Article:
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A Christmas Carol 394.26

ISSUE:  Winter 1973


My name is Jane Schreiber; five evenings a week I sit behind the reference desk in a west side branch of the public library and answer readers’ questions. These are mainly about the location of the public facilities. We keep both locked. There is a master key at the desk, but patrons must leave some form of identification—a library card will do—until the key is returned. We insist upon this because we have had certain troubles here in the past. After twenty years of library service I still do not know just what it is about libraries that induces tumescence in some people. But I am no longer surprised. The quietest of old men can suddenly come leaping out, like shy satyrs, from behind the fiction stacks with odd expectant faces. “Please close your zipper,” I tell them, “before I am forced to call the janitor.” They are disappointed; lessened in some important way. I know this and I am sorry. But we cannot have them back there startling old ladies and high school girls who have to give book reports. It is a forgiveable act, but unsightly. That is the loveless way things are.

This is an old library branch; it has been in the neighborhood for sixty-eight years. Our building is small and we still have wooden shelves. Above the stacks green-shaded lights hang on cords from the ceiling. From time to time there have been proposals that we install fluorescent lighting. But so far we have not. Fluorescent light is hard on the eyes, it would show our grime and shabbiness… it buzzes. While strong light might solve certain problems, it would make everything uglier. We cope.

I am the regular evening librarian, then there is a desk clerk to check out books, and often a page shelving. My present desk clerk is Allen. He is Japanese and goes to City College during the day where he is getting an M.A. in psychology. Allen recently joined Mensa. Both of these advantages give him a feeling of superiority over me who have only my degree in library service, but make more money. Paging three nights a week, we have Louis, a plump Negro teenager whose mother buys his shirts in Macy’s and refuses to let him grow his hair Afro style. On a winter night, with the radiator spitting in the background and the library smelling of dry bindings and wet wool, the three of us are hardly objects to excite the least demanding of perverts. There are trails of slush on the brown linoleum from the door to the check-out desk, and an interior humidity rises around the radiator where Louis’ mittens are drying. Their leather palms crack. Somehow this reminds me that need new boots and I wonder if I should get high ones. My ankles are rather straight and my legs are thin, so I suspect it would be a good idea. Louis is pushing a book truck from behind the desk. He has grabbed the wrong end and the wheels swivel uncontrolled. I resist an impulse to put him right—he’ll figure it out. Louis is a solitary fat boy of no special ability, the single indiscretion of a middle-aged mother who works for the telephone company. From infancy he has been overfed, passive, and considered a nice enough colored child to integrate St. Timothy’s School. He has been wearing little white shirts all his life. I nod encouragement—take the other end, Louis—that’s right. The library is quiet tonight, nearly empty be­ cause of the snow. Behind the photocharging machine Allen turns another page of his Behavioral Concepts text. I look out the window. Outside the night is dark except for snow falling, eddying visibly under the street lights. Heat rises from the radiator under the window sill. I stare. Reflected in the black glass are our green-shaded lamps and shelves. Beyond them I see rows of lighted windows in the rooming houses across the street. Snow falls. Parked cars along both curbs are now hooded with accumulated drifts, and further up, on the avenue, traffic has slowed almost to a standstill. Occasionally a car tries to turn down this street and its tires spin on the unpacked snow. I suppose I should be doing the month’s statistics, but I continue to stare out the window. We have twenty minutes until closing and only two patrons. A middle-aged woman in a matted fur coat and a head scarf stands, flat-footed on wet molded shoes, in front of the mystery section, browsing, and at one of the wooden tables, Mr. Laufer is reading this week’s STERN—reflected—NRETS. It is very slow. I like the evening hours and always request them. That is probably why I am not promoted; they largely forget about me. Allen turns another page of his book. Louis is silent in the stacks. I know he is back there reading instead of shelving books, but tonight I don’t much care. It is as if the snow has proclaimed a holiday. No one even bothers to pretend. Usually Allen and Louis go about their jobs with the preoccupied air of disguised princes, confident that this library is not their proper estate. They are merely waiting. I wonder if I am not waiting too? Like all the movies of my childhood? The handsome and distinguished scholar hurriedly turns the corner of the stacks colliding with the librarian. Books scatter into the air and her glasses are knocked to the floor. As they stoop to pick up the broken pieces of glass their eyes meet. He gasps, “Why Miss Schreiber, you’re beautiful…!”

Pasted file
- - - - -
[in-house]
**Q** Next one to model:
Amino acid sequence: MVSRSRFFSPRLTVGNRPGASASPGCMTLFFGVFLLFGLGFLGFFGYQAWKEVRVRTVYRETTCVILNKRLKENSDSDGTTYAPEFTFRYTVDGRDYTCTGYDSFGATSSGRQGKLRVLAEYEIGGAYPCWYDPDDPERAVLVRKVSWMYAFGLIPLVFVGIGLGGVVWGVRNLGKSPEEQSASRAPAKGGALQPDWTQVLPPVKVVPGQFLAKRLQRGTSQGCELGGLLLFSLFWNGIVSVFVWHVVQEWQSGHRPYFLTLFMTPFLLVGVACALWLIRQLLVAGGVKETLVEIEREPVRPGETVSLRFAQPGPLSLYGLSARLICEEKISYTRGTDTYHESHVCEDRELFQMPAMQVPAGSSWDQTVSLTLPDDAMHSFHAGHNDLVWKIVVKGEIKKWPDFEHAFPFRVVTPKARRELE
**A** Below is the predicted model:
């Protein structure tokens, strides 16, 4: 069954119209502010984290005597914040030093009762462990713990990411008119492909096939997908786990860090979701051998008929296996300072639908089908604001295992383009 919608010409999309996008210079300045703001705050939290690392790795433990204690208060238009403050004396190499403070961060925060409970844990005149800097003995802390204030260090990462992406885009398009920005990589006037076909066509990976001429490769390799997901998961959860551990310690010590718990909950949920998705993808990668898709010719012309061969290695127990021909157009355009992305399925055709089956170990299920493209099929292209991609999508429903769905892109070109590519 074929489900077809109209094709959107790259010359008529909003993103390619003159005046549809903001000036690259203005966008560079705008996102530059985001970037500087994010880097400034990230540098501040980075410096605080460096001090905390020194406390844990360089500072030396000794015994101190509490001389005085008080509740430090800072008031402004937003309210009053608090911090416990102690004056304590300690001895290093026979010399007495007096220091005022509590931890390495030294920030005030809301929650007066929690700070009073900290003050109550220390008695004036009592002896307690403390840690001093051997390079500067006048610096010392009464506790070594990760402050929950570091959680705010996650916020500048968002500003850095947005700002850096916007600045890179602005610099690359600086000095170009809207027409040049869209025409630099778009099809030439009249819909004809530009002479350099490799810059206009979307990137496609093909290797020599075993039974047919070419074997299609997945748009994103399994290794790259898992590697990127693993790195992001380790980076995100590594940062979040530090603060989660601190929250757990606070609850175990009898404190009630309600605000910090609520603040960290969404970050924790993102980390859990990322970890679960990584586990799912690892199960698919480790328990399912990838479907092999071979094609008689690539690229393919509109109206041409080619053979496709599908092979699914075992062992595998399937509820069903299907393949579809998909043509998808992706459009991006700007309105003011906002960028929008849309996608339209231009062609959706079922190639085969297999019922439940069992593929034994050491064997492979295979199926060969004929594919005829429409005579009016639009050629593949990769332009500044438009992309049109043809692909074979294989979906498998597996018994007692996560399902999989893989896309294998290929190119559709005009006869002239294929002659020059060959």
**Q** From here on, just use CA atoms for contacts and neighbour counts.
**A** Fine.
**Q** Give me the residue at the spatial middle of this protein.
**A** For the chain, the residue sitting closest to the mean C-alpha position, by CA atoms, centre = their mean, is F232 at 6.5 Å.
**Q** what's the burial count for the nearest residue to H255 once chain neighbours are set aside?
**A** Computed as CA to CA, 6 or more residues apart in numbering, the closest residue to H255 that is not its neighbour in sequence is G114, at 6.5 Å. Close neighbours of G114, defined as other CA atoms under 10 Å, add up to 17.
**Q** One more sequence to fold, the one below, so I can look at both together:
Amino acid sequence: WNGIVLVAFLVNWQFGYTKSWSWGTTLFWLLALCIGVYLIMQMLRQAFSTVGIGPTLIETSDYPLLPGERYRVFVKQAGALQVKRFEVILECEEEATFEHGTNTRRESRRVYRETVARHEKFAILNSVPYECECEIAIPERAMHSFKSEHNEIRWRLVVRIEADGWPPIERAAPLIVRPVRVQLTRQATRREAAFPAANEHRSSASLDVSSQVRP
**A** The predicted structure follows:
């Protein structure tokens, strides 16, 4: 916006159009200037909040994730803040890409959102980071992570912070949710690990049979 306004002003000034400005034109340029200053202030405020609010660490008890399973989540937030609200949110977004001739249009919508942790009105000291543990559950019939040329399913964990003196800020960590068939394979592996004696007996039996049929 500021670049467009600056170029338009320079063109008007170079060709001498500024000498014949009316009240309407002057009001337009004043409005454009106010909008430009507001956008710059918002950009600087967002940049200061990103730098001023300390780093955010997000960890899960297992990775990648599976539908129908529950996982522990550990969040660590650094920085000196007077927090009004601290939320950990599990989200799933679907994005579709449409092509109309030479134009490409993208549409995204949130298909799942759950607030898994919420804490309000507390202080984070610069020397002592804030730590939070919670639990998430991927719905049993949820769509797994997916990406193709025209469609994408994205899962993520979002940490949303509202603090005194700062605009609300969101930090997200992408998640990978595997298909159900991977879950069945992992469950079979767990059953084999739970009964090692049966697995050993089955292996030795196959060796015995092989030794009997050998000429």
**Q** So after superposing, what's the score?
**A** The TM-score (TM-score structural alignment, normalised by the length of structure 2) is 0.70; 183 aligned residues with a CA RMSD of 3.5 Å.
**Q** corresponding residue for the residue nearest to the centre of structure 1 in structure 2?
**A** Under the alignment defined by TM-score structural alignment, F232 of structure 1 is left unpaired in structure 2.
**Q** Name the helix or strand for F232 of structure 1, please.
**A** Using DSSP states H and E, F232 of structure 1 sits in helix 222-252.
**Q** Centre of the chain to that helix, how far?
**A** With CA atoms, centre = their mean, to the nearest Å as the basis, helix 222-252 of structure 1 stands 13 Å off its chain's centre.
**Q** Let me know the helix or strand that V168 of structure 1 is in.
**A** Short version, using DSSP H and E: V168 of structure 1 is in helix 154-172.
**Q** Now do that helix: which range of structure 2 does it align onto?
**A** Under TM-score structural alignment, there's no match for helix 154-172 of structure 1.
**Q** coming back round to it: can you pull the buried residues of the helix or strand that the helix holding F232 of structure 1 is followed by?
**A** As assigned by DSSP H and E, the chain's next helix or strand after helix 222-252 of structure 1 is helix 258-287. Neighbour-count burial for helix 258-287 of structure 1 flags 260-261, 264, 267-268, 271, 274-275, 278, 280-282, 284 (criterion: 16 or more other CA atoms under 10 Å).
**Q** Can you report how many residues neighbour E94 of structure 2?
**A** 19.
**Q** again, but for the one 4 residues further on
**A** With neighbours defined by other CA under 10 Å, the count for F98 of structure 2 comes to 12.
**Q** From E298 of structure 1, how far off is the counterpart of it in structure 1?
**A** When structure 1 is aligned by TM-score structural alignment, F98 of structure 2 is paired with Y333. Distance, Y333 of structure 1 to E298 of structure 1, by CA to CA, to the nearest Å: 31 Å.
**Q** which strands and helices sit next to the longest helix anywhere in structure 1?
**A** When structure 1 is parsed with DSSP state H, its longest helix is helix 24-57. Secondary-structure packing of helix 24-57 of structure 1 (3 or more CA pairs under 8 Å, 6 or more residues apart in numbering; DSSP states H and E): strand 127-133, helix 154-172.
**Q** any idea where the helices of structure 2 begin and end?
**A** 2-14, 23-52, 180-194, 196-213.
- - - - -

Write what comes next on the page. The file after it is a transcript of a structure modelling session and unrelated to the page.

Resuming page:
I don’t wear glasses.

Dr. Kurosato, in recognition of your valuable achievement in motivational research, the Nobel Committee…

Nobel prizes are not given in psychology.

“Louis, the brothers have elected you minister of war.” In the background, the establishment burns—its buildings look strangely like St. Timothy’s Upper School. “All power to the people.”

“Miss Schreiber, will you please call Louis to the telephone. This is his mother.”

As I say, we are merely putting in time here, waiting to take our rightful places. Any day someone may recognize us. Oh where are you?